Mom and dad aren't off the hook.
LWA-Dann Tardif/Getty Images
We've all heard of "helicopter parents"—those clingy moms and dads who hover over their kids and swoop in at the first sign of trouble. While it's hard to fault a parent for being too attentive, his or her eagerness to intercede really does seem to inflate a child's risk for anxiety down the road.
One study from the University of Tennessee Chattanooga linked helicopter parenting with higher rates of anti-depressant medication use among college-age students. Several recent studies from Neil Montgomery at Keene State College in New Hampshire have found excessive amounts of parent "assistance, problem-solving, monitoring, and involvement"—basically, being all up in a kid's business—promotes anxiety.
Why is "overparenting" harmful? "The general view is that if you've had your way at every turn, or you've lived in a world where a lot of decisions have been made for you, making decisions on your own can be stressful," says Andrew Fox, an assistant professor of psychology at the University of California, Davis.
There also seems to be an inverse relationship between small amounts of early-life adversity and adult anxiety—meaning kids who have to deal with mild "challenges" may be better able to cope with stress as adults, says Jordan Smoller, a professor of psychiatry and chair in psychiatric neuroscience at Harvard Medical School.
"Our nervous system and emotion-regulation systems learn from our environment about what's dangerous, and how to regulate emotions if we are exposed to something threatening," Smoller says. "There's some evidence that without that exposure, we may not develop skills or even circuitry to manage challenges or stress."
He pokes fun at himself for invoking the old "back in my day" line. But, Smoller adds, "you get a sense form some young people that there's some vulnerability and inability to manage stress that may be in part due to not having to manage or get through some of these experiences as kids."
More From Tonic:
For instance, he points to a lack of "free play," or an escape from parental oversight. "It's a tricky thing, because you don't want to imply parents should neglect kids or expose them to danger," he says. "But an effort to help [kids] avoid all challenge or adversity does seem like it could have some negative effects."
While certain styles of parenting may be more likely to promote anxiety in young adulthood and beyond, UC-Davis's Fox says there's not good evidence that one parenting style "uniformly" produces anxious offspring. (After all, the hands-on parents who turn one kid into a tightly wound ball of frayed nerves also often produce laid-back, calm-as-cucumber siblings.) This is where your genes enter the picture.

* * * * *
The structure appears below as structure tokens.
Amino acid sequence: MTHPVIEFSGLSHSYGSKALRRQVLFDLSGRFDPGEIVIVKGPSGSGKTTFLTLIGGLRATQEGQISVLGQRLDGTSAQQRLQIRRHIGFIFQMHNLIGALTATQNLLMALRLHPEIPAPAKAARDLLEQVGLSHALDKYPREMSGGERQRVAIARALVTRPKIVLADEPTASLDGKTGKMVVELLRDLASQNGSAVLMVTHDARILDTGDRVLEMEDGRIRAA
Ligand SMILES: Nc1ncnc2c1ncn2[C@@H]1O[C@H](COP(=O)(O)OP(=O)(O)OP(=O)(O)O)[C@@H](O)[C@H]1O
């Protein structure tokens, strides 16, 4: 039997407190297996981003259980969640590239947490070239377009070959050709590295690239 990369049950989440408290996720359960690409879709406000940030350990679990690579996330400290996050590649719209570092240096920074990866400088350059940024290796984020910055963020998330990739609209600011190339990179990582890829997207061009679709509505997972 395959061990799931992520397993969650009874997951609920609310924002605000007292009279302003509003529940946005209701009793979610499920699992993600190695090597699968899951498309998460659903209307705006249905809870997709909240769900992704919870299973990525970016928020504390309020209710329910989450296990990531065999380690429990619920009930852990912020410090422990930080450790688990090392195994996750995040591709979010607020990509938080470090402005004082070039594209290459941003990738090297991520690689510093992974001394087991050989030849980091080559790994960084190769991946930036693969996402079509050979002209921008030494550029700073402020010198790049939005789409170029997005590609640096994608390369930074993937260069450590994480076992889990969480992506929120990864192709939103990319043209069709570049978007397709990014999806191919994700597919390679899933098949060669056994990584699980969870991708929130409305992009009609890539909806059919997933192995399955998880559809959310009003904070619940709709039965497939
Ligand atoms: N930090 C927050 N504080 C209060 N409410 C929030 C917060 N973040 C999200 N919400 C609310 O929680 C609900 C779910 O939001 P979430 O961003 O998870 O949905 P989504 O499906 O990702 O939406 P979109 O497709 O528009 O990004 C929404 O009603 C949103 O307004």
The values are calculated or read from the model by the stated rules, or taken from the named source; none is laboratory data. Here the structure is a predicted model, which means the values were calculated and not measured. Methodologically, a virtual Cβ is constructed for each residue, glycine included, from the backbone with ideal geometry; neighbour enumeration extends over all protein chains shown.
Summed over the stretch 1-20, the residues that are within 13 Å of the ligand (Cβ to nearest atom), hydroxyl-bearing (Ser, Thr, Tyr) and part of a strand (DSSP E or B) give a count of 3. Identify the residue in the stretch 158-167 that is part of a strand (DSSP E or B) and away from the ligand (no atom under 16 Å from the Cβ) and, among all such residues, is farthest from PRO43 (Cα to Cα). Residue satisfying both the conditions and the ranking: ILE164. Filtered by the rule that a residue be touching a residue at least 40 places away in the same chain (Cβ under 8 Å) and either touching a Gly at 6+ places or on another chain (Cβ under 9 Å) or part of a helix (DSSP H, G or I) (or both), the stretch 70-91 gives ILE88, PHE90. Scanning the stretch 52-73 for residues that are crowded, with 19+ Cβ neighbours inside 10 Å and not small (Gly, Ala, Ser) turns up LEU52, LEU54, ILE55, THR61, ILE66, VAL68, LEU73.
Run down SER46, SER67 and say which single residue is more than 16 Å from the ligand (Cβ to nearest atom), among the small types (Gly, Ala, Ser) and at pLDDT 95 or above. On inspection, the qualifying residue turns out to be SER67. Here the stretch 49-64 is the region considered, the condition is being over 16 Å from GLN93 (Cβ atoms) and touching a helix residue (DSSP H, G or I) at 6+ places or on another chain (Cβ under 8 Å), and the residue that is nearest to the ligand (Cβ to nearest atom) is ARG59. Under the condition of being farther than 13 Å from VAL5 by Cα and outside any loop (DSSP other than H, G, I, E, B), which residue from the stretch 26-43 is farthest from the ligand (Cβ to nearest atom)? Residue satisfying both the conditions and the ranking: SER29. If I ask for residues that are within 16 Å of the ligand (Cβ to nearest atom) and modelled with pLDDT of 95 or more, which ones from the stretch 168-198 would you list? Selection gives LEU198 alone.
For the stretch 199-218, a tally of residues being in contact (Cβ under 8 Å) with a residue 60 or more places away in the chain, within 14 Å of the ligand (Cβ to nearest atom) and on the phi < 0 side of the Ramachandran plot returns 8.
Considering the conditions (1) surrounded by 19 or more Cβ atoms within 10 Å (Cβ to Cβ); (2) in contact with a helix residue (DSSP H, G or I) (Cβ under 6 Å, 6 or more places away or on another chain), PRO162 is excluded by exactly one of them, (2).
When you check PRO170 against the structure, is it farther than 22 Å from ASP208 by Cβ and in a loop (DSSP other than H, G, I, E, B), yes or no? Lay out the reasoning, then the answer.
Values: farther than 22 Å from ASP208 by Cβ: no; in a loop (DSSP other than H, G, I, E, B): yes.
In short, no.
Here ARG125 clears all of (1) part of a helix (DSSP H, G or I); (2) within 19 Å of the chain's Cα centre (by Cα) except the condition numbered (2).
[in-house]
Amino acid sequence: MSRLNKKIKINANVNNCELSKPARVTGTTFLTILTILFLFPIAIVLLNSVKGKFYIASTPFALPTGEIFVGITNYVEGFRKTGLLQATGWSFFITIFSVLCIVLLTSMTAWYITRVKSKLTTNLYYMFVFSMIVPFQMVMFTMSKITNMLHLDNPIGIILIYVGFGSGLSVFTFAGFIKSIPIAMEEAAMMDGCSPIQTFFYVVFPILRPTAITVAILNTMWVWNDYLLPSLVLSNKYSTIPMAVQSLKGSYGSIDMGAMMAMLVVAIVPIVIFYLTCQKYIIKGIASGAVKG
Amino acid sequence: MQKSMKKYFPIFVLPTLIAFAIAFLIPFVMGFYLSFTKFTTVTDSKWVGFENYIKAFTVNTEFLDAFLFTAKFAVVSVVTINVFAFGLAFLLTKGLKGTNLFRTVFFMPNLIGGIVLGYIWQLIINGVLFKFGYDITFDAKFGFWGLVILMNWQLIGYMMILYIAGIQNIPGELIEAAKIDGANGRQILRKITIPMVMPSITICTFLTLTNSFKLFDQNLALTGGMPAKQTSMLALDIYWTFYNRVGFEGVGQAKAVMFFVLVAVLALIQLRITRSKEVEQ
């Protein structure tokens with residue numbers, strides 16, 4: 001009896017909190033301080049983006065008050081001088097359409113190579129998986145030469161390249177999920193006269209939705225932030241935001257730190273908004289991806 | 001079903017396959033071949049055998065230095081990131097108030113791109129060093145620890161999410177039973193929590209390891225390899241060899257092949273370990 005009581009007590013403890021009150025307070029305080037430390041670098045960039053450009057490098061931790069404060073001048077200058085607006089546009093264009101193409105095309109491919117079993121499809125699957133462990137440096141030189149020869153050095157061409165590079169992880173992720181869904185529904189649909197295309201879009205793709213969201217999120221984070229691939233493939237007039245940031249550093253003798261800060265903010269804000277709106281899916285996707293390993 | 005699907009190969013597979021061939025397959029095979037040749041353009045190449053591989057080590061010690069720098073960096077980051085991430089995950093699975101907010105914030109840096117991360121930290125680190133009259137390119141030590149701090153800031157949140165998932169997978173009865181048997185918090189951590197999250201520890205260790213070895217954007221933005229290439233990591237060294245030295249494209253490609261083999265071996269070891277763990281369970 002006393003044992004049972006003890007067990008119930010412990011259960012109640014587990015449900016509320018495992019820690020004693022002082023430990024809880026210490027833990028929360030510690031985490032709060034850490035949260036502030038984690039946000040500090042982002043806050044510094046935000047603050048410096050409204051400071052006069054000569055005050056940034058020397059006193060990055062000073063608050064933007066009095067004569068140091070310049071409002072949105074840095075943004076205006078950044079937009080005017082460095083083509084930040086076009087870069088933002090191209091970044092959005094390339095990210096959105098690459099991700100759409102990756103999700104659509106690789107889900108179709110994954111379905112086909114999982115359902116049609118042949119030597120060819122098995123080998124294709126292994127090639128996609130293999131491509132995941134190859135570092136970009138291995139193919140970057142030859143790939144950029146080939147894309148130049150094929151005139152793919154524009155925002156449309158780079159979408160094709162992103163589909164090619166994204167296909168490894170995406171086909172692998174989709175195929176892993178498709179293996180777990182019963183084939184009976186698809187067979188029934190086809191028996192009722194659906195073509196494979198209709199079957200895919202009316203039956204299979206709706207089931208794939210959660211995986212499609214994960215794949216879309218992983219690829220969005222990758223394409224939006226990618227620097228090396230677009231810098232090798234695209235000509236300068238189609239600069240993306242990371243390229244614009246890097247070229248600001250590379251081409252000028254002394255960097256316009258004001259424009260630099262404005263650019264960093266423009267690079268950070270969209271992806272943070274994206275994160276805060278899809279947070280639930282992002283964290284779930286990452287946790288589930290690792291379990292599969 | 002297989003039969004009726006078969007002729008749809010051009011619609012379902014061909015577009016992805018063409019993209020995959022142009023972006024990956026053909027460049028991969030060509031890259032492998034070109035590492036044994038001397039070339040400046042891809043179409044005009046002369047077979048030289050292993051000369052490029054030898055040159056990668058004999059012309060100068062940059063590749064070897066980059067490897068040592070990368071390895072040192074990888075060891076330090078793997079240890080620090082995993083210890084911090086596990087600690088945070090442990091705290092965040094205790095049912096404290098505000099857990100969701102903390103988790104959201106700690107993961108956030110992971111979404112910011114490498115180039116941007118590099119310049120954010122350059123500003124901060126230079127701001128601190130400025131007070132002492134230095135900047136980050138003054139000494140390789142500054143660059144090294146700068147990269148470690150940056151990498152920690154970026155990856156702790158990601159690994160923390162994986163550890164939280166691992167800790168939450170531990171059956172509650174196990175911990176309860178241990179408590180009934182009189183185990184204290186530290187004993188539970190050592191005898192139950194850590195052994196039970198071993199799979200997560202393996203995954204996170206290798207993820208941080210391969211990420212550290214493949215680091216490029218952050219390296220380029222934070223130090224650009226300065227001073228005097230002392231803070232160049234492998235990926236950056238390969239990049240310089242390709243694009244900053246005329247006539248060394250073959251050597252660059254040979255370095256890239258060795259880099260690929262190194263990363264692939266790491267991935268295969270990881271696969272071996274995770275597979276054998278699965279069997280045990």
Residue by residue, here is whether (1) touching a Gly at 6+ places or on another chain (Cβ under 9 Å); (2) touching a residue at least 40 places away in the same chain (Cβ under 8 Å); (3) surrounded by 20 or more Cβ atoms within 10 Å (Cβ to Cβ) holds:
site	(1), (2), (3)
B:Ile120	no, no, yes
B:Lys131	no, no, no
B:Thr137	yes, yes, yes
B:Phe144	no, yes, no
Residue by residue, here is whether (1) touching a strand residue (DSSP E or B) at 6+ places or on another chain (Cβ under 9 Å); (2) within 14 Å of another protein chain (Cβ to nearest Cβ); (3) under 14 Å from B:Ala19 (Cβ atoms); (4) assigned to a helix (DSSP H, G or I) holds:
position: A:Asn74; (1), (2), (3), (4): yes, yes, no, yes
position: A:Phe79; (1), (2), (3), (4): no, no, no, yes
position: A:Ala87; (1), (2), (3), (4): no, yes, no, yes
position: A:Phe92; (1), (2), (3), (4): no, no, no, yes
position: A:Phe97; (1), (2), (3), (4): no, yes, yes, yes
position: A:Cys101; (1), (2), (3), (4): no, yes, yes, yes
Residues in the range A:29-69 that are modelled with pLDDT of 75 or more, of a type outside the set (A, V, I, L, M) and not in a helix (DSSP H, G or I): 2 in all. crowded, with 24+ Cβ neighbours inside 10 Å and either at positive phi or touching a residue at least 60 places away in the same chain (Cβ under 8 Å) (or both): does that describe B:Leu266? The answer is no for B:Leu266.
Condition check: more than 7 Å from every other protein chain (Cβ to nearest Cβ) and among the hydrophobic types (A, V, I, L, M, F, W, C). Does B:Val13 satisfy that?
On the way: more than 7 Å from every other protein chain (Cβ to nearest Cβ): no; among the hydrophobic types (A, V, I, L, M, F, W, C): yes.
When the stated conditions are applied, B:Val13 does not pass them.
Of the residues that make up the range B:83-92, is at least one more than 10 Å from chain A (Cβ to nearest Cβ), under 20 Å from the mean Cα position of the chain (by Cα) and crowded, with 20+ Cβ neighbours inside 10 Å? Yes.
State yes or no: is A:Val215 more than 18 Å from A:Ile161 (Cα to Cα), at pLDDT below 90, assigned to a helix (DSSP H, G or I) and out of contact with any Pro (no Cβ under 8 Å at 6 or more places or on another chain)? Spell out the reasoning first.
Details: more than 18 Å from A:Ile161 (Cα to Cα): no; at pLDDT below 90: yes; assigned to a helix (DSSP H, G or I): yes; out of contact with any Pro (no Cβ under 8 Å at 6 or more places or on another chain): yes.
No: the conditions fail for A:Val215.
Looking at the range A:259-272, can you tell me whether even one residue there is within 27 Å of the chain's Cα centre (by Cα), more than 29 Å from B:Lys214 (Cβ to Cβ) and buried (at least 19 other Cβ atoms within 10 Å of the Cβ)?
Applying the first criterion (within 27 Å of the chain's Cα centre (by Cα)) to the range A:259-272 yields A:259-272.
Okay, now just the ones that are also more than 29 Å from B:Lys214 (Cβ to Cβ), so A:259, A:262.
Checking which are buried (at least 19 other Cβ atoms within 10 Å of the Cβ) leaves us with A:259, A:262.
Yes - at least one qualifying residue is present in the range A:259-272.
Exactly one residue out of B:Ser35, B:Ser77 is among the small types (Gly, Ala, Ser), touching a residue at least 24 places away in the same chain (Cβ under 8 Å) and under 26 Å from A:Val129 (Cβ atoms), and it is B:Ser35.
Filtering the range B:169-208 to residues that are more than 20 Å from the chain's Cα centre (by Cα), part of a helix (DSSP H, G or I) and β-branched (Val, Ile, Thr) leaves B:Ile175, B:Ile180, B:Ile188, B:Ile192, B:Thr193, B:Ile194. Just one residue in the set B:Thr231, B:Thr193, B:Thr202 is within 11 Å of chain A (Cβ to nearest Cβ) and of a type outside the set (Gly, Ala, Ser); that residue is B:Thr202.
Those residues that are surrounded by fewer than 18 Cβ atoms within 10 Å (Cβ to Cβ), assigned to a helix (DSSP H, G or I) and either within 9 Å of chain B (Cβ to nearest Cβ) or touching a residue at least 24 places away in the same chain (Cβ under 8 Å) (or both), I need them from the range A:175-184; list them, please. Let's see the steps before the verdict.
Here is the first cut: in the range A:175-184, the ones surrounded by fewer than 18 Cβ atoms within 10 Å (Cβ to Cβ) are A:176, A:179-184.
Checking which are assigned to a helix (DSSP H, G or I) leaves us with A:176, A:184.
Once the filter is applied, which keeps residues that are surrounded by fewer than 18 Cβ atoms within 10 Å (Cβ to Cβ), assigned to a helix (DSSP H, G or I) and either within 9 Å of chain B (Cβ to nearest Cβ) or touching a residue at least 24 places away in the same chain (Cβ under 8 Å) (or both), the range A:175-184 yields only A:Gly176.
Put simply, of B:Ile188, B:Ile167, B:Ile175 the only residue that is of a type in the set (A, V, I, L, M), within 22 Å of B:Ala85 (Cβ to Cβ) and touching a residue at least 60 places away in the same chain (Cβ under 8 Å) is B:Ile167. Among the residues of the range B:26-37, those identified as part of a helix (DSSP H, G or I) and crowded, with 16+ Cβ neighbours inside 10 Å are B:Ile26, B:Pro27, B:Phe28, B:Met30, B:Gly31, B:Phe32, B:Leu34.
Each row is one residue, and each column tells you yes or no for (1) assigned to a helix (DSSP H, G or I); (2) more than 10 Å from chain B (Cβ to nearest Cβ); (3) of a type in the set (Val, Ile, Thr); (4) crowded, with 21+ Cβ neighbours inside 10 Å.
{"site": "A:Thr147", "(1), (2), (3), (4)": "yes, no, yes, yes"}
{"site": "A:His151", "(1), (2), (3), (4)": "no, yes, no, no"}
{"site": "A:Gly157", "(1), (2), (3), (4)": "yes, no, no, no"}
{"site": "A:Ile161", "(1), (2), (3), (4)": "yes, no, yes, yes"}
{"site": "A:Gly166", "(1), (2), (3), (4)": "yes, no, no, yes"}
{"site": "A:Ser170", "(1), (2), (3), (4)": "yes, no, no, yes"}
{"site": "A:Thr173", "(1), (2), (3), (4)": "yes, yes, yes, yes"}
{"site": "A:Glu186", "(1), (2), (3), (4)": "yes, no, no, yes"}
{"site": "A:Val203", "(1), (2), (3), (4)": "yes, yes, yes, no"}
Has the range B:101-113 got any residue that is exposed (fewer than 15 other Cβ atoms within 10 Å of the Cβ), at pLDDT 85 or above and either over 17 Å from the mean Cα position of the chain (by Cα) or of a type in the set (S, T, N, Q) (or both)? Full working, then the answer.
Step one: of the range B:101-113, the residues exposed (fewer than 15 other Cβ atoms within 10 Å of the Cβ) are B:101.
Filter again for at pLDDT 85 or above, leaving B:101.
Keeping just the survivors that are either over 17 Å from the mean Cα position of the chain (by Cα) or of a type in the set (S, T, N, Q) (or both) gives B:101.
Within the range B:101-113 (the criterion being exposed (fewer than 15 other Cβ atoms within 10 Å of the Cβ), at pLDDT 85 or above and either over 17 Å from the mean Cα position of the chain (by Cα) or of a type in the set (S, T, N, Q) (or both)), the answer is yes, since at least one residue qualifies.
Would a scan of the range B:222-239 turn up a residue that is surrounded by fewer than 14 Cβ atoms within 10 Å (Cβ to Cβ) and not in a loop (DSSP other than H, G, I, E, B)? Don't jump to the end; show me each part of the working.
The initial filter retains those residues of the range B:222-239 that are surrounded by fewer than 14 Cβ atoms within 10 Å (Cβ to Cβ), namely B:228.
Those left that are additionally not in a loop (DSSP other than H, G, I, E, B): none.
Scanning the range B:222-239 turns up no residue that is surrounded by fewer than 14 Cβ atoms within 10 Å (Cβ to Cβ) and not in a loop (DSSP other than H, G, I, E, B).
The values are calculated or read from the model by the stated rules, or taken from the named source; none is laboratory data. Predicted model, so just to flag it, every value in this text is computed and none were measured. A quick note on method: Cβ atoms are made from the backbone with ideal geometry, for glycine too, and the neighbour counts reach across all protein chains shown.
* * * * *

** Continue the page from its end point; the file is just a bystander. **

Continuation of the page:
Fox's research has isolated some of the brain functions tied to "heritable" anxiety, and he says about a third of anxiety variation across individuals is attributable to their DNA. That one-third estimate is an average, and will be higher or lower depending on the individual. But it's clear that some people are more genetically prone to anxiety disorders than others, he says.
Smoller, too, has published work on the genetics of anxiety disorders. He says that the role your DNA plays in your risk for anxiety is not as simple as isolating a single genetic mutation. "Anxiety is a very complex condition, and many genes or variations within your genome may contribute," he explains. Basically, there isn't a test someone could run to identify if you have the anxiety gene—and there probably never will be.
Along with your DNA and your upbringing, there's a third (and obvious) factor in your anxiety equation: your present environment. Regardless of your DNA or how you were raised, if you're thrown into a chaotic or stressful environment—a war zone, say, or a job as an EMT or air traffic controller (or a server in a busy restaurant)—you'd have to possess super-human levels of calm to not respond with anxiety.
"Anxiety is a ubiquitous human experience," Smoller says. "It evolved to allow us to survive, to protect ourselves from dangers, to see threats coming, to mobilize our defenses." If you had no anxiety, you'd also likely have no drive or ambition.
There really are menacing threats in this world, adds Robert Sapolsky, a professor of neurology at Stanford University. Anxiety is necessary to help us confront or avoid them, and it only becomes pathological when it persists even when there is no threat, or when the cost of maintaining your vigilance against a threat is ruining your life, he says.
Put simply, some level of anxiety is a healthy, normal, reasonable reaction to modern life. It has utility, and it evolved in us for a reason. But when it comes to out-of-control anxiety, what's most to blame among your genes, your parents, and your environment? "It's really impossible to answer that," Sapolsky says.
Smoller agrees. "For any individual, there's no way to say how much of their anxiety is related to genes or upbringing," he says. Along with the sources of anxiety in your life today, all of these factors "have interplay," and don't add up to a certain number, he says. Mom and dad aren't off the hook, in other words. But they probably don't deserve all the blame.
Read This Next: This Is How it Feels to Live With Severe Anxiety